The Ulster Farmers’ Union has hosted its inaugural rural crime conference ‘Tackling Rural Crime in Northern Ireland – Working Together’ at the Crumlin Road Gaol, welcoming nearly 140 people from across Northern Ireland all with a particular interest in the issue of rural crime.
UFU president Ian Marshall said that the fact that they had such a big turn out goes to demonstrate how important this issue is to people in rural communities.
He added: “Our aim with this conference was to raise awareness about rural crime and highlight the impact on individuals, businesses, and communities. We had a number of farmers’ share their experiences of being victims of rural crime and it is often this human element that gets lost when we are talking about the facts and figures of rural and agri-crime.
“Also, we wanted to bring together the key players in tackling rural crime such as the PSNI, the Department of Justice (DOJ), representatives from local Policing and Community Safety Partnerships (PCSPs), DARD, insurance companies and farmers to discuss this important issue and our hope is that this is a starting point for future cooperation.”
UFU deputy president Barclay Bell, who has been a driving force behind the conference, said: “We took inspiration from rural crime events across the water and we are delighted with the result.
“Rural crime continues to be a blight on rural communities and while there is some good work going on at a local level we still believe that there is inconsistency across Northern Ireland and we want to see a more joined up approach for tackling rural crime.
“The conference has taken place against the background of looming government budget cuts and further pressure on already stretched resources. Our hope is that this conference is a spring board for future endeavours and partnership working with farmers, PSNI, PCSPs, DARD and the Department of Justice to help find meaningful and effective ways to tackle this important issue,” said Mr Bell.
“There is frustration in the farming community as to how agri-crime is dealt with on the ground in some areas and we believe things can be done better.
“For example, there is farm specific training for police officers taking place in some parts of Northern Ireland to help them better understand the practical workings of a farm.
“However, there are things farmers can do themselves to protect their livestock, machinery, equipment and property such as: reporting all incidences of theft and any suspicious behaviour to the PSNI; ensuring premises are well lit; and gates and doors are securely locked.
“The UFU members can also take advantage of our range of security related affinity deals to help protect their property such as: 20% the Cesar datatag; 15% off Tracker unit and installation; 10% discount on the Block Stem security device; and discounts on GuardCam and Mercury Solutions CCTV.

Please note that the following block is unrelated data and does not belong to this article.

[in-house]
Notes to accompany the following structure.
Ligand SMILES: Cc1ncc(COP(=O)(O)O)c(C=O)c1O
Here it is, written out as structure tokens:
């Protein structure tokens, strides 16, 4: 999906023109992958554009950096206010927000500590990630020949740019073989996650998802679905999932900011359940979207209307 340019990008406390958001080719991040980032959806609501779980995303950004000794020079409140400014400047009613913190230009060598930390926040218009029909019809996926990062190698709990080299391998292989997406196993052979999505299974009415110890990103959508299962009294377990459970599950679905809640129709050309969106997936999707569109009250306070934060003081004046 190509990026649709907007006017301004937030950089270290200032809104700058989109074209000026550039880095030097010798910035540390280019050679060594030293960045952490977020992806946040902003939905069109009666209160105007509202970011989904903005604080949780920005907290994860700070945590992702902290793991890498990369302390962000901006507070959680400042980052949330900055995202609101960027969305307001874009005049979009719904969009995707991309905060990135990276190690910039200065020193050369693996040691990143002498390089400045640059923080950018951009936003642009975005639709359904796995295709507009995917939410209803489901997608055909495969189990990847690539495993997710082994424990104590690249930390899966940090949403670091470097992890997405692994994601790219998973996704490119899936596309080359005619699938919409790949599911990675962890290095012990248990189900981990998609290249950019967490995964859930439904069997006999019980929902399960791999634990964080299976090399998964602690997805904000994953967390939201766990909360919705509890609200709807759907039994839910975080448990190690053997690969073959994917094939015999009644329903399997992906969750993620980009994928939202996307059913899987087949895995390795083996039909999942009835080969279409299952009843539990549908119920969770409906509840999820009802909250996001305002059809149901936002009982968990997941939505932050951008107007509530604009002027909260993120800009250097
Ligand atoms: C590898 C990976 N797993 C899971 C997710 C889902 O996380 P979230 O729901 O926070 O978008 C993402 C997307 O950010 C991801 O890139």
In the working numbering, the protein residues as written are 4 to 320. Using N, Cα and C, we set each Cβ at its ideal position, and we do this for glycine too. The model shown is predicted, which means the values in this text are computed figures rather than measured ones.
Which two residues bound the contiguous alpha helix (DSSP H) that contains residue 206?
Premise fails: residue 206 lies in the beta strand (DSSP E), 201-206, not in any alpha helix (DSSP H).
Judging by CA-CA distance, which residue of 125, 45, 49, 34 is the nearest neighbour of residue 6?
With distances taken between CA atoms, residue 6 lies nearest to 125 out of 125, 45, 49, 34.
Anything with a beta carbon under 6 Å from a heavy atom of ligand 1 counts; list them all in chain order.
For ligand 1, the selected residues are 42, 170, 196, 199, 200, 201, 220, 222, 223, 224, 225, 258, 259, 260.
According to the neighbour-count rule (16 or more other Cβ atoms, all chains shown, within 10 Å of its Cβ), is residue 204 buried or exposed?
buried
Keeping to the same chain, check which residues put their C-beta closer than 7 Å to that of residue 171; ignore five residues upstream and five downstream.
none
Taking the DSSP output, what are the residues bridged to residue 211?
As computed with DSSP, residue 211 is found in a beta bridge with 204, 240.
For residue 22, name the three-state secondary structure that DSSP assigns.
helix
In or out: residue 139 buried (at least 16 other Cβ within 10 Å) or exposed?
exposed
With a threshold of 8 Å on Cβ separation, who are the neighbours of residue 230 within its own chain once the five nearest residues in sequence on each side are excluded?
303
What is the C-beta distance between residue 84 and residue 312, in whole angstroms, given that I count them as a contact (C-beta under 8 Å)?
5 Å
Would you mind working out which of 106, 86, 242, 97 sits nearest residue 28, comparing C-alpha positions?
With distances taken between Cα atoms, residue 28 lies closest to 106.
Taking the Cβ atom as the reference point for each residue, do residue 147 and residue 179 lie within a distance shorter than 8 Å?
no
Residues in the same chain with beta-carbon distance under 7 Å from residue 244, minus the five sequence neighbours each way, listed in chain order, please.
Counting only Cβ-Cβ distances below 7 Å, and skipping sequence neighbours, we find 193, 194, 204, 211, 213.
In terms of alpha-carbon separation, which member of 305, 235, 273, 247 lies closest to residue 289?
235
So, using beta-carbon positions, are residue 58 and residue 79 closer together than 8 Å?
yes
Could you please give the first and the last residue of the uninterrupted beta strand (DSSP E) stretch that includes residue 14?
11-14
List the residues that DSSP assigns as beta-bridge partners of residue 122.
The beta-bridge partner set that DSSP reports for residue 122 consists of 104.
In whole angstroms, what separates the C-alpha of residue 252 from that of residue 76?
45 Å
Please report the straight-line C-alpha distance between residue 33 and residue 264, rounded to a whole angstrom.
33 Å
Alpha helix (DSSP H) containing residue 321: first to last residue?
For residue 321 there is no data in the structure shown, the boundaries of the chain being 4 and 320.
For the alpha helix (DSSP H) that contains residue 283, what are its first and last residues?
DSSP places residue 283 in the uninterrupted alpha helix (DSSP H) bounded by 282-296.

“Overall, the conference was a success and the UFU will continue to work on building strong relationships with key partners such as the PSNI, DARD, PCSPs and DOJ. Rural crime is not an issue that is going away and it needs to be a top priority not only for farmers but for our partners too. With this in mind, the UFU is encouraging members to get involved with their local Policing and Community Safety Partnership (PCSP). One of the main aims of these groups is to identify and prioritise issues of concern, such as rural crime, and create plans as to how these issues can be tackled at a local level. A fresh round of recruitment is set to begin shortly for local PCSPs and the UFU is encouraging interested members to submit applications.”
Speaking at the conference Justice Minister David Ford said rural crime not only damages farm businesses but also has a wider effect upon farming communities and the rural economy.
He added: “Today’s conference provides an opportunity to consider the impacts of these crimes, and what further actions we can take to tackle them. I want to thank the UFU for organising this conference on such an important matter.
“I am encouraged that the latest twelve month figures show a 9.6% reduction in agricultural crime in Northern Ireland, but I recognise there are still ongoing concerns, particularly about the theft of machinery and livestock.”
Mr Ford continued: “Government and the police cannot tackle rural crime alone. We need farmers to play their part too, not least by learning about new approaches and new technology to protect their farms. So I’m encouraged by the take up of TRACKER devices, provided by the Rural Crime Partnership at a subsidised rate, which are now protecting £3million worth of machinery.
“We will use the conference to listen to farmers’ views and concerns, and I hope they leave the conference with improved knowledge on how to protect their families and their farms.”
Alliance Down Councillor Patrick Clarke has welcomed Justice Minister David Ford committing to reducing rural crime levels.
Councillor Patrick Clarke stated: “Rural crime greatly impacts on rural farming communities and the rural economy and can damage farm businesses. I welcome that the Department of Justice are committed to tackling rural crime in Northern Ireland.
“The Department of Justice has been working with key stakeholders including the Ulster Farmer’s Union to raise awareness regarding the impacts of rural crime and what further measures which can be taken to address.
“Over the last twelve months there has been a 9.6% reduction in agricultural crime in Northern Ireland however there are still concerns in regards to the theft of agricultural machinery and livestock so we need the farming community to continue to protect their farm such as tracker devices to protect their machinery.”
The UFU would like to thank the Department of Justice and NFU Mutual for their financial support for the conference. They would also like to thank all the speakers for their valuable contributions and to all the delegates for attending.